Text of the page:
My shul just made this announcement:
New Moms Circle Now Forming!
Open to all moms of chlldren under 5 yrs, and moms-to-be.
First play date is Sunday, June 13 at the temple, 1:30 - 2:30pm.
RSVP by June 10.
It prompted me to write this note:
Thanks for putting this together. Our son, [Redacted], is going to become Bar Mitzvah this summer, so I write not to join up, but to ask if you might consider widening the scope of this group a bit.
It's the dad in our family who stayed home with [Redacted] his first two-and-a-half years. He and I integrated a bunch of stroller groups and playgroups, but it wasn't entirely obstacle-free.
(A) At "Music Together," I was a novelty, but had no feeling of exclusion.
(B) Gymboree was pretty much the same.
(C) I was quite cheerfully welcomed into my local "Mothers First" chapter/playgroup and was happy to pay my dues. Being the only dad at the monthly Moms' Night Out (at a place like Bennigans or Crystal Thai) was usually cause for giggling by us all upon my arrival. Almost invariably, my arrival and announcement that I was looking for the Moms' Night Out group discombobulated the host or hostess.
But it grated a bit that, for two years, the fact that my wife and I had a joint checking account led to her name being enrolled in the national group with which our local chapter/play group was affiliated, rather than me, and that the occasional newsletter came addressed to her.
Five, count 'em five, calls to the national office never got it straightened out.
That one I filed under: "You can't win 'em all."
(D) At a play group at the late, not-so-lamented "Fun Company for Kids" (where the Target is now, at Skyline Mall on Route 7), I was actively shunned for two seasons and then gave up. The one parent in that group who treated me as a peer later told me that my failure to sign up for a third season was greeted by significant relief. Apparantly, I was viewed as having a lot of chutzpah to expect to be welcomed in a group where some moms breast-fed.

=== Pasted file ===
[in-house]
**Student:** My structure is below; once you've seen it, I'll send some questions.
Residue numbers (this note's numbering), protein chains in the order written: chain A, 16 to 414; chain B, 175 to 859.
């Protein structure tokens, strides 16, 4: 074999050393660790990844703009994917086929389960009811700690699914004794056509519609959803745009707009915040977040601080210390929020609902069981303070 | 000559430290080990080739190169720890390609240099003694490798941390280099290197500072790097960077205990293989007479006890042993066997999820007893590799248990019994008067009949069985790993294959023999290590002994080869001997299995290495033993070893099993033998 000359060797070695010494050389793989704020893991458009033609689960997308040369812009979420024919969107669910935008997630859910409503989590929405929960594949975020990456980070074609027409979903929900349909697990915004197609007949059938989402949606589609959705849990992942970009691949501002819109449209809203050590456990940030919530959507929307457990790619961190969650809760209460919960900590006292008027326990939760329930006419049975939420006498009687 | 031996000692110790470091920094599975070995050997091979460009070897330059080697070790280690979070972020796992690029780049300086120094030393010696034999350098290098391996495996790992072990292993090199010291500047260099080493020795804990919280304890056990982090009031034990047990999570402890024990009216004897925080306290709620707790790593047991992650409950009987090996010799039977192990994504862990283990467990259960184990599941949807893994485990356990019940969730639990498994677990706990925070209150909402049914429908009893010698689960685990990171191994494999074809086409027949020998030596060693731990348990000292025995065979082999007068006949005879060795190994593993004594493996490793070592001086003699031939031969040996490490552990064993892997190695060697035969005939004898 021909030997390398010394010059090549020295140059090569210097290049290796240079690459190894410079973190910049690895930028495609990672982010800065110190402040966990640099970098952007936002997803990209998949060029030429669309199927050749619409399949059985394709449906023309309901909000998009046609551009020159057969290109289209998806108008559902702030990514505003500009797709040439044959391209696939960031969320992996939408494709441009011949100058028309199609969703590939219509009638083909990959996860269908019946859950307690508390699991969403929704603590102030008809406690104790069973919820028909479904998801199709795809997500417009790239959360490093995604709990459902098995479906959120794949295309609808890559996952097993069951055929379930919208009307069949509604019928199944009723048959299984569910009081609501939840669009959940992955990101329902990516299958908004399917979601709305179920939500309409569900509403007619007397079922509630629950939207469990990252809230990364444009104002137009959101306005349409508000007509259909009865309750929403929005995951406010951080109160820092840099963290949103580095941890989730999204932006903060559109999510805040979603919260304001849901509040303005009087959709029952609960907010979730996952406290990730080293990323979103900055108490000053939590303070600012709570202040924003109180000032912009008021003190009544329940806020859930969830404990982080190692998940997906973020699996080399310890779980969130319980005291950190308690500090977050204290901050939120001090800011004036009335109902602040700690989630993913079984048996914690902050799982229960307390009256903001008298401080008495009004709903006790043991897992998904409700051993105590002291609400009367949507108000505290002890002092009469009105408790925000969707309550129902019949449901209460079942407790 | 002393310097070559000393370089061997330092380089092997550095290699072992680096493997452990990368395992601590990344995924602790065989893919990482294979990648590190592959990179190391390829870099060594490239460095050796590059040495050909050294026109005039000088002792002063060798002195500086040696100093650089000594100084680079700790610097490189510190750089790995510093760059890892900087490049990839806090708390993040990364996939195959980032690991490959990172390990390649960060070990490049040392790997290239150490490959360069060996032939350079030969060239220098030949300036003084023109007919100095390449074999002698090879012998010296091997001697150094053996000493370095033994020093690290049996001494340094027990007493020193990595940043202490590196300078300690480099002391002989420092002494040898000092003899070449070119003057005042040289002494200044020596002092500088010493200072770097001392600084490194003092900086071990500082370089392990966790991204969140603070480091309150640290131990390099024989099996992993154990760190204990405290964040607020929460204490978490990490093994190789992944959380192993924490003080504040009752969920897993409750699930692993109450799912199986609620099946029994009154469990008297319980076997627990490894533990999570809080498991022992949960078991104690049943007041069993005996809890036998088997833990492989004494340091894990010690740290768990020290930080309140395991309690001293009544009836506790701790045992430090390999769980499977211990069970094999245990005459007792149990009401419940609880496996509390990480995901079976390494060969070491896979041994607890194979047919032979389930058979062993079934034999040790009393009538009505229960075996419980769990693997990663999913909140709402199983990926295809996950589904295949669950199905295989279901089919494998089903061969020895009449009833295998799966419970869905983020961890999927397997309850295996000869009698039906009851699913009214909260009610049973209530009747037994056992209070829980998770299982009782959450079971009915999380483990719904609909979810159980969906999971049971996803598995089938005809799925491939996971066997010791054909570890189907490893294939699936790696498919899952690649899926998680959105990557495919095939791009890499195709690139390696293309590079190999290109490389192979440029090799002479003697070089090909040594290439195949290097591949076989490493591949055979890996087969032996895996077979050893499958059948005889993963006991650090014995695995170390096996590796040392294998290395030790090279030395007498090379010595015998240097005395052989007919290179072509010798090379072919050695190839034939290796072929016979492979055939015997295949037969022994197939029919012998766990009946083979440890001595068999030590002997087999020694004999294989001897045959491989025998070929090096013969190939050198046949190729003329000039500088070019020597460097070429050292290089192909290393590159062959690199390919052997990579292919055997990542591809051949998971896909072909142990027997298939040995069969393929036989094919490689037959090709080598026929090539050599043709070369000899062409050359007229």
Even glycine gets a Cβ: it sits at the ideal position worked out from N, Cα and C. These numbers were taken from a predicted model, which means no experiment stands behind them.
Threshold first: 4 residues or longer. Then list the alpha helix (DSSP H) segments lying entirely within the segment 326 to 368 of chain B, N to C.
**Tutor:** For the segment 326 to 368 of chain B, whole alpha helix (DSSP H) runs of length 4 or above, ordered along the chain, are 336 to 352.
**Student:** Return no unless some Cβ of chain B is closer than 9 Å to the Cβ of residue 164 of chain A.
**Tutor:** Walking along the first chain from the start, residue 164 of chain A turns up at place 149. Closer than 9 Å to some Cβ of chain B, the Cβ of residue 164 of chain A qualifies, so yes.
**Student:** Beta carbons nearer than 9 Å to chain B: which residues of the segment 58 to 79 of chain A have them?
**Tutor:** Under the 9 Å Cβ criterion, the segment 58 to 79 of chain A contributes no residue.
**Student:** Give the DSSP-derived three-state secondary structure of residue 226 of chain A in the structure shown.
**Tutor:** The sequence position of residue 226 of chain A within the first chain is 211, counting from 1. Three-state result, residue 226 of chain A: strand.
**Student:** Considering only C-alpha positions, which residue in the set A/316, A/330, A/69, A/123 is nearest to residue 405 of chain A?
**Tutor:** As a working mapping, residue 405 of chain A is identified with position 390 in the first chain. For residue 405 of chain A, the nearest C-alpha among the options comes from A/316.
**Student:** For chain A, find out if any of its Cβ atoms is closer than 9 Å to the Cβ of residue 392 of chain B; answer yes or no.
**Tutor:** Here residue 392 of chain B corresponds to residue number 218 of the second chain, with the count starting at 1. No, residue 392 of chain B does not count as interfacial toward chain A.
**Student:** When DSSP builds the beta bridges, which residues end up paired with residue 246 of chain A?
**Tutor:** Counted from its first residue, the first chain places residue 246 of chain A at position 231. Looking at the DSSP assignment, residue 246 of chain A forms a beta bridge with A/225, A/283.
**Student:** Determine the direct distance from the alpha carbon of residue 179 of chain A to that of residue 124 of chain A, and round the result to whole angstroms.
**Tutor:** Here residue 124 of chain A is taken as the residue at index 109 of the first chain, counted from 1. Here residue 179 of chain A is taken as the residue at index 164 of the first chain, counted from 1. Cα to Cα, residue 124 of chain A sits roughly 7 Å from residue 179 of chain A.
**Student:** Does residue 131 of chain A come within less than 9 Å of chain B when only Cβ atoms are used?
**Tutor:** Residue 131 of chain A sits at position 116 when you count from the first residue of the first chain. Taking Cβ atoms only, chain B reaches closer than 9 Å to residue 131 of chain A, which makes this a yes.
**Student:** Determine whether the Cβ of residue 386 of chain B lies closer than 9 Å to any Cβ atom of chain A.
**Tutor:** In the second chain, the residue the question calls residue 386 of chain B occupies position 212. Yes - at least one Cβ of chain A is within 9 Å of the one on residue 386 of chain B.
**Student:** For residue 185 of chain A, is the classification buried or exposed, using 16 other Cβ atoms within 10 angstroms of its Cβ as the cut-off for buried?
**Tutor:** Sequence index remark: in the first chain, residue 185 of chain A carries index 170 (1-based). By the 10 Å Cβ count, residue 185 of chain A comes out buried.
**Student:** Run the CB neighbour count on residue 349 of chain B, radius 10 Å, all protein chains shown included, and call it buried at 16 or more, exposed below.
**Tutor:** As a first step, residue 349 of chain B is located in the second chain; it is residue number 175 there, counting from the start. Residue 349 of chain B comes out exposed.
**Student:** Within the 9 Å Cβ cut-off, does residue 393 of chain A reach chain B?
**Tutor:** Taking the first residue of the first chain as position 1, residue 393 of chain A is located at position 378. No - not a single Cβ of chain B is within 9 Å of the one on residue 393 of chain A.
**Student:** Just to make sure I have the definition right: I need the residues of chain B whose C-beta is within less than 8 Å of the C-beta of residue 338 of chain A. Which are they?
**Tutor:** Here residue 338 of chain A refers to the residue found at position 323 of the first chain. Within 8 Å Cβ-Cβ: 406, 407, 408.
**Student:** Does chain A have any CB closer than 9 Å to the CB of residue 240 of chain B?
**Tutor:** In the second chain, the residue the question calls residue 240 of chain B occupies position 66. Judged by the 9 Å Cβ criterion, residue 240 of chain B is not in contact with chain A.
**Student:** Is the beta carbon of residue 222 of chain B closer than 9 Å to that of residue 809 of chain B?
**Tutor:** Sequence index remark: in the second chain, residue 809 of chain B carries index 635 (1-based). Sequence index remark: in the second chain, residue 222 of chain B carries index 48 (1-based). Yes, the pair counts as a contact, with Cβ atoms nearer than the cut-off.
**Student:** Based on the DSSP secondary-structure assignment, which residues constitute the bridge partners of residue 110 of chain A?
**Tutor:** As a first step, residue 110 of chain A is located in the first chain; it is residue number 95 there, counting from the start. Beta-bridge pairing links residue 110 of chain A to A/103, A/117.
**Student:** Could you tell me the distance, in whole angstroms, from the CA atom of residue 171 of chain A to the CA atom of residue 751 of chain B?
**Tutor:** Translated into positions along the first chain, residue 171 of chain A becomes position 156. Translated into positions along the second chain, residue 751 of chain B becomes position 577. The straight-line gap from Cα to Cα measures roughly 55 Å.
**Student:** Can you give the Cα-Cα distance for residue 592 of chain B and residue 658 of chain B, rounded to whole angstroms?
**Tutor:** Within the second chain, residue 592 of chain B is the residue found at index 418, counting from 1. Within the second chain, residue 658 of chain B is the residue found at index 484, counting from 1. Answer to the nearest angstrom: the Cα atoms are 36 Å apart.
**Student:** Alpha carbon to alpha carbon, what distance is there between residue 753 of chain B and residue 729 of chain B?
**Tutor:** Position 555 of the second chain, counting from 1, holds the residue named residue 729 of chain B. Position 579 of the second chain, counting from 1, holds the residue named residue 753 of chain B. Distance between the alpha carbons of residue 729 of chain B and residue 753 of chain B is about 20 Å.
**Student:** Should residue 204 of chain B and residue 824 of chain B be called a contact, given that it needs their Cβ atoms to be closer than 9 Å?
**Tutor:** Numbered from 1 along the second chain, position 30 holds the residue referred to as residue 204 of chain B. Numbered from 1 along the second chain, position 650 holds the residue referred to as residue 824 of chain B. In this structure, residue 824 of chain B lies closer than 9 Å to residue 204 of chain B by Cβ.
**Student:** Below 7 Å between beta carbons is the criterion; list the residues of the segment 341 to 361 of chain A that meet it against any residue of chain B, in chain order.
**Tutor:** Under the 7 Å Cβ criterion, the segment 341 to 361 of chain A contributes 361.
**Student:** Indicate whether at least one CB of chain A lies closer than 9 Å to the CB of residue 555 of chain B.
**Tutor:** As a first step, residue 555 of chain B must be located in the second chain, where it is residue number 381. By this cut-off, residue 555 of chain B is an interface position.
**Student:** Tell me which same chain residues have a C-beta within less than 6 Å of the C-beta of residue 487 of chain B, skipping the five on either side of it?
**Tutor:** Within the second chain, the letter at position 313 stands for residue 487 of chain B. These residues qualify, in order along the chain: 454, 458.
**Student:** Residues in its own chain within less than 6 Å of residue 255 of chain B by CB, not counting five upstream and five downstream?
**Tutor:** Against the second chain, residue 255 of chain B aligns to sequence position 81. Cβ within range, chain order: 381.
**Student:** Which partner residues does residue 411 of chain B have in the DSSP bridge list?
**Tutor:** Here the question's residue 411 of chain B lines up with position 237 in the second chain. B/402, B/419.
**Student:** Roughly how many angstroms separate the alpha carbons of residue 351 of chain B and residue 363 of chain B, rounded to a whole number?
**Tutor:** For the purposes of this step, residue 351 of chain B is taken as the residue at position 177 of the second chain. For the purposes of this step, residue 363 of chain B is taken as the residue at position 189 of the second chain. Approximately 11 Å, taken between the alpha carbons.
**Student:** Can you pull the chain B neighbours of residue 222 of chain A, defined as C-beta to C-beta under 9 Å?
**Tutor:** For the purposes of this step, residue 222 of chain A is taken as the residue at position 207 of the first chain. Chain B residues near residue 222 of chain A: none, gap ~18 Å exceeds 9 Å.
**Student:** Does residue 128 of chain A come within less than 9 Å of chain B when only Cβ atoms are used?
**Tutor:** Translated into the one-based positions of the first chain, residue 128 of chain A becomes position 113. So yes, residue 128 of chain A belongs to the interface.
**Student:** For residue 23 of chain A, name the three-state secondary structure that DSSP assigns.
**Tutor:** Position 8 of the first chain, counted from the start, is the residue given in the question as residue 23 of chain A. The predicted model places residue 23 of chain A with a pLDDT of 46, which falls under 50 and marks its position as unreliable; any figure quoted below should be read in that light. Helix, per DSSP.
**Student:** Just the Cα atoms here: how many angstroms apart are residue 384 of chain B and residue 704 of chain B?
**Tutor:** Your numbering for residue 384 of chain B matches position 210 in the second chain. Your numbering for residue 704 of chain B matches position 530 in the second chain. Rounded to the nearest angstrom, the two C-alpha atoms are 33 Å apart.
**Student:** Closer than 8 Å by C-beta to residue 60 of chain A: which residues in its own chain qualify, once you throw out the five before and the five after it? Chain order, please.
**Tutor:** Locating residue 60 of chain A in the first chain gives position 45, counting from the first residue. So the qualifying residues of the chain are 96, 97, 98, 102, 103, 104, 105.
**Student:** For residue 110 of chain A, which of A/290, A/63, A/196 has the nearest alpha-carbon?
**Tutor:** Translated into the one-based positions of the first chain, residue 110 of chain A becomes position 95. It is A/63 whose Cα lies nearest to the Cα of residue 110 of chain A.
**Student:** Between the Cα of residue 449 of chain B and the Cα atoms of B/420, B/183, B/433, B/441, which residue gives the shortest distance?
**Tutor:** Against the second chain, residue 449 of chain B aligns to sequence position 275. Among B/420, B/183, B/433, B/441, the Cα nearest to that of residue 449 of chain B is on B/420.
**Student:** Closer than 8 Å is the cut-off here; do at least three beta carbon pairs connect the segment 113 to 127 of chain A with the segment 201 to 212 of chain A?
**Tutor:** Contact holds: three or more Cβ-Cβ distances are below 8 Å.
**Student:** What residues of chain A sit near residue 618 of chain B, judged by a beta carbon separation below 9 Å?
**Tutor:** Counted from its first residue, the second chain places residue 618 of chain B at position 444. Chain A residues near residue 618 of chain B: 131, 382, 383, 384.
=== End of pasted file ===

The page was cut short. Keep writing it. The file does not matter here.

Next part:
No one said I ogled or leered, which was a good thing because it would have been a lie, but the consensus was that even though it was obvious that I was careful to avert my eyes, my very presence made my group-mates uncomfortable.
That one I filed under: "Their loss."
At services this past Saturday, the D'var Torah started out being about tzitzit and tallessim. The Cantor talked about her own decision to wear a talit and opened the discussion up for comments about gender issues in Judaism. I mentioned the twinge of regret I'd felt when I saw the announcement of the new mom's group in this month's Bullettin.
The mom of a toddler picked up my refrain. She works outside the house. Her husband works from home, makes his own schedule (more-or-less) and would be a wonderful person to include in your group. But he wasn't inclined to change around nap times or other schedule-related matters to join up. She seemed pretty sure that he would have been more inclined to do it if the name made it more obvious he would be welcome.
He would be, wouldn't he?
I fear you will read this note and feel "No good deed goes unpunished." You volunteer to do a good and needed thing and some crank unloads his decade-old frustration on you. Please trust that this is not my intent.
I simply mean to point out an issue you might not have considered. If you find merit in my comments and observations, I hope you are moved to act on them. If not, I will pester you no more. You're doing a mitzvah by volunteering to coordinate this project, regardless.
With respect and warm regards, I am